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Last week, we visited New York City so that my sons, identical twins, could be together on their birthday. We’ve done this before during the boys’ college years. One year we gathered in Budapest where one of the twins was studying math, and we wandered that city’s ancient cobbled streets together by day.
At night we retreated to the Hotel Gellert overlooking the Danube, a palatial hotel attached to exquisite marble and gold public baths. I loved soaking in the Gellert baths, watching the regulars come in at their appointed time of day and imagining the circumstances of their lives: elderly men with saggy paunches hanging over their Speedos, elegant working girls taking a swim before an evening on the town, mothers and babies cooing and bobbing, subdued fathers relaxing in the effervescent waters before going home to face their family duties.
At the baths in Budapest, it was understood that we were not to strike up a conversation with a stranger. Privacy was paramount.
In New York last week, I was the guest of friends who’d rented an apartment in midtown — a spacious, modern dwelling with floor to ceiling glass windows in every room. From our vantage point on the 28th floor, we could see the long reach of East 57th St. to the Hudson River, a corner of Central Park, and in the other direction, the Queensboro Bridge. But more fascinating to me than the long view were the hundreds of apartment windows we could see from ours, television sets glowing, kids doing homework, a man watering the potted plants on his narrow balcony garden in the sky. It was impossible for a nosy interloper like me, a visitor, to not watch. I have not lived my life bound to the oath of privacy that oils the clockwork of a place like New York.
In New York, life’s most fundamental concerns rotate around space and confinement. In Manhattan, where 1.6 million people occupy 23 square miles, everyone guards his or her personal space with an embedded consciousness of purpose. And yet, there is great freedom and mobility available within that private space.
Out here in Colorado, where I live, people find their freedom in wild, open spaces, on mountains populated by elk, deer, and bears. In New York, a crowded jigsaw puzzle of people, pavement, glass and steel, freedom is more internal than external and is based on an unspoken contract that guarantees privacy — a membrane that separates each New Yorker from the next one. Without that contract, nothing would work, the city wouldn’t move perpetually forward, the machinery would rust and freeze.
I visited my daughter’s sixth floor walk-up in Williamsburg, Brooklyn. Since my last visit, the landlord had spruced up the staircase with black and silver paint and had adorned the pitted and scarred doors with new number plates. Spicy food smells and small voices leaked out beneath the closed doors as I trudged upward. My daughter had moved into a space with more light than her previous space in the same building, and jubilantly showed me her standard length bathtub.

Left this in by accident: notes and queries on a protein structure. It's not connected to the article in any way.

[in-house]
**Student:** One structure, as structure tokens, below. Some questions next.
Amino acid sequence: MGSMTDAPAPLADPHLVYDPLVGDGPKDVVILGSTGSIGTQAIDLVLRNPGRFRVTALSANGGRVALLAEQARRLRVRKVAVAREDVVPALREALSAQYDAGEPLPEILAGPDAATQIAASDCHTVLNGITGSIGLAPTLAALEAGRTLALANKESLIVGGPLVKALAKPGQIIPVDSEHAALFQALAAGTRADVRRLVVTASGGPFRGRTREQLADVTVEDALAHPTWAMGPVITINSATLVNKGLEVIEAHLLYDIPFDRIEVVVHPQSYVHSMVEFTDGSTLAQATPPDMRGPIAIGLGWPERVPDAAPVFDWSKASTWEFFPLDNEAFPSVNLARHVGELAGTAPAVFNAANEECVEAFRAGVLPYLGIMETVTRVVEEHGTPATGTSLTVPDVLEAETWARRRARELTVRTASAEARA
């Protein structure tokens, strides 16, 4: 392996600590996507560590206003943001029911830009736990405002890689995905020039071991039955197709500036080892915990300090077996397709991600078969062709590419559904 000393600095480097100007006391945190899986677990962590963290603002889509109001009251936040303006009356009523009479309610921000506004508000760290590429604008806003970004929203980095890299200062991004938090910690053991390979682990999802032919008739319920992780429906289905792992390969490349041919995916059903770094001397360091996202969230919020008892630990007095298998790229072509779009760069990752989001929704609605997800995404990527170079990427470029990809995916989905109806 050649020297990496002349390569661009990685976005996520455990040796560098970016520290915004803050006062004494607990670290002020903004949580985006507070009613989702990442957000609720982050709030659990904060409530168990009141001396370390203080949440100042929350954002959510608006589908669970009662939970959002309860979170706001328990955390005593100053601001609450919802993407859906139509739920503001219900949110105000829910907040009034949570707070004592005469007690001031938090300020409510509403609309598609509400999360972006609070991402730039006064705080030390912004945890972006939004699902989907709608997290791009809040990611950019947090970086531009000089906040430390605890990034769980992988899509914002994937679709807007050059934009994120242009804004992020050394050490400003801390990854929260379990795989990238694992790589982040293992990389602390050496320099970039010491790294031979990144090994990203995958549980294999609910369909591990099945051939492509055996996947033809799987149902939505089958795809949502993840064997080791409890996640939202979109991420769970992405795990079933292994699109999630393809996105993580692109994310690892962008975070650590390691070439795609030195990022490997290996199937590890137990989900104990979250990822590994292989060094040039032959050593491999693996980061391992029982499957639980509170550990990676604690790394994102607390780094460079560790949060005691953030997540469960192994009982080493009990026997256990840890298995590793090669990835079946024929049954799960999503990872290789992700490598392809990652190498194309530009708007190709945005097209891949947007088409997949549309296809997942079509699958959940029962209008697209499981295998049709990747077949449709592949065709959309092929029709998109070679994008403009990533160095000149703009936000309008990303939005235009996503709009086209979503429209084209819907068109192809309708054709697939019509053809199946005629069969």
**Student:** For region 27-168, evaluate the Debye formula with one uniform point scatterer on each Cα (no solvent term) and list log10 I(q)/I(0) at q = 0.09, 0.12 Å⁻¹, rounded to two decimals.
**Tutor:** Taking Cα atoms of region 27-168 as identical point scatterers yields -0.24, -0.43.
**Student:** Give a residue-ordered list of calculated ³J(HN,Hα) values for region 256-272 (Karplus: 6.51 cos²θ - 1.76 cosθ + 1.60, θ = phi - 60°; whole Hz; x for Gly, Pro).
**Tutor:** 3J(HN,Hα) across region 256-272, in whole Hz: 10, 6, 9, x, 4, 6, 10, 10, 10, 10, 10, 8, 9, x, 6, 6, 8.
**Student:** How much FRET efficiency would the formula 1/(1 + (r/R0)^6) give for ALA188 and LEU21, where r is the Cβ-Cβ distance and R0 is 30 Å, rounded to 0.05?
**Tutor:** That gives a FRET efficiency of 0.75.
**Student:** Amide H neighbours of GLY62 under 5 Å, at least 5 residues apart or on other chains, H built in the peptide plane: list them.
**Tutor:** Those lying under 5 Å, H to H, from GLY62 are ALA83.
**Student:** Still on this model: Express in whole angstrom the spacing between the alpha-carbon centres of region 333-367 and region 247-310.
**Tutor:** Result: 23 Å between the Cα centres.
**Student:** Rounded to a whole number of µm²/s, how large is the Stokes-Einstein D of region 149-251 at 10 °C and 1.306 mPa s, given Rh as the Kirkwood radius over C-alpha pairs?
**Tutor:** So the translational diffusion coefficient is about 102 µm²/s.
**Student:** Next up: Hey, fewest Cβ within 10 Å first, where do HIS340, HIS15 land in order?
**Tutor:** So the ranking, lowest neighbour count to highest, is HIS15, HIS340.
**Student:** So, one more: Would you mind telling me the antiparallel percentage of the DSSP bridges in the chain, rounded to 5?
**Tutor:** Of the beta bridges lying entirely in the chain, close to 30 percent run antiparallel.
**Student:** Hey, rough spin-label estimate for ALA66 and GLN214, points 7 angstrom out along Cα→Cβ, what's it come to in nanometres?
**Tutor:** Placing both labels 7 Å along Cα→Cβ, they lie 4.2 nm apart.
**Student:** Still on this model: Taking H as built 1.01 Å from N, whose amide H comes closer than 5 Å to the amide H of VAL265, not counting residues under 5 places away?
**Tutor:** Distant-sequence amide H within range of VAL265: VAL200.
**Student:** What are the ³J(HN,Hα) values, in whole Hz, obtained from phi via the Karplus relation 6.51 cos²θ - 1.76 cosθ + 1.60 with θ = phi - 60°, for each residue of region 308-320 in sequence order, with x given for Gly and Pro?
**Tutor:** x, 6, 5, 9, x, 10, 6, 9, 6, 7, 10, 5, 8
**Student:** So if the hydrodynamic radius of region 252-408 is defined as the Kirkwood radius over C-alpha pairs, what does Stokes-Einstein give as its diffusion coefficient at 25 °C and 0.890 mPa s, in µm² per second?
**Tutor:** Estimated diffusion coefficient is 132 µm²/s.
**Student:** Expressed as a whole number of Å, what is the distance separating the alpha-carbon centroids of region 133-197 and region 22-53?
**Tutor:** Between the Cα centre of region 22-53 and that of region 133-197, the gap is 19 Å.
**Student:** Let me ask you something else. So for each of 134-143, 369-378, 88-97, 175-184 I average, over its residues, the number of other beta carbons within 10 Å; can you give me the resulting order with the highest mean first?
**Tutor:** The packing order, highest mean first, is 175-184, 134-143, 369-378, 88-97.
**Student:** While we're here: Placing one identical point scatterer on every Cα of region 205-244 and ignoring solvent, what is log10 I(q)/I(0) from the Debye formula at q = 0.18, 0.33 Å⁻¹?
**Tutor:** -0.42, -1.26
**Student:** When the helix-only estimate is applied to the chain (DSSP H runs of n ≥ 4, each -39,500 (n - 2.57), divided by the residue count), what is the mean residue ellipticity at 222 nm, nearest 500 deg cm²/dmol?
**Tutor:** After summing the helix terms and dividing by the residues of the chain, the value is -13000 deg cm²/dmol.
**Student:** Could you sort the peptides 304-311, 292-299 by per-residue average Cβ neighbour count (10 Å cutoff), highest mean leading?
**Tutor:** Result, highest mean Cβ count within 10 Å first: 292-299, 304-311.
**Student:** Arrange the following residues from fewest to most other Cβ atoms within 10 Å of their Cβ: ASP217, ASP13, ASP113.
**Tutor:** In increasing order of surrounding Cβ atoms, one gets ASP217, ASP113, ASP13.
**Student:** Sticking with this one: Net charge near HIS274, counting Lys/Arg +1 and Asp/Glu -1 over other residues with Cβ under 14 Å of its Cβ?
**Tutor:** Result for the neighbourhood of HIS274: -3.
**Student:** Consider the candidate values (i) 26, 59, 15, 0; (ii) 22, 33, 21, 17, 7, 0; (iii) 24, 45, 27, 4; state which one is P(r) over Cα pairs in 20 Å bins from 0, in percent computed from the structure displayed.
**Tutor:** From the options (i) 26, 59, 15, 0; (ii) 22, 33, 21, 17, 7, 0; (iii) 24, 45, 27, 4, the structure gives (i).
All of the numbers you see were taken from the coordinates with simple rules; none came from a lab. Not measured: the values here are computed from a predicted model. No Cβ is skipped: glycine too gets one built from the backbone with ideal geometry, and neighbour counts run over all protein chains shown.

My son, who lives farther south in Brooklyn, showed me his new room in an apartment he shares with three other young men. When he says he loves the new neighborhood, he is referring to the neat storefronts, the interesting architecture, and the relative lack of garbage on the curbs and in the streets.
We all ate together in a crowded restaurant where New Yorkers talked and hugged and drank wine and shared news of the day and ate dishes prepared with precision and imagination. I loved the bustling intimacy of the restaurant and felt proud of my children, purposeful and self-contained, navigating life in this astonishing place, the twins as happy to be blowing out birthday candles on their individual dessert plates at 24 as they had been when they were seven.
I was proud to be able to get myself home on the subway with minimal trepidation. Late at night, encapsulated in their invisible privacy bubbles, my fellow passengers napped, studied, read, and tapped at their smart phones as we rocked through tunnels beneath the city.
We flew back to Denver and as we were driving away from the airport, I felt my New York privacy bubble dissipate in the thin, dry air. To the west, the setting sun painted the distant mountain ridges silver, then gold. My solitary heart opened and dissolved across the dry, dusty plains.
You can find Kathryn’s recipe for posole, comment and read or listen to this column again at The Big Something at KRCC.org. “The Middle Distance” is published every Friday on The Big Something and airs each Saturday at 1 p.m. right after This American Life.
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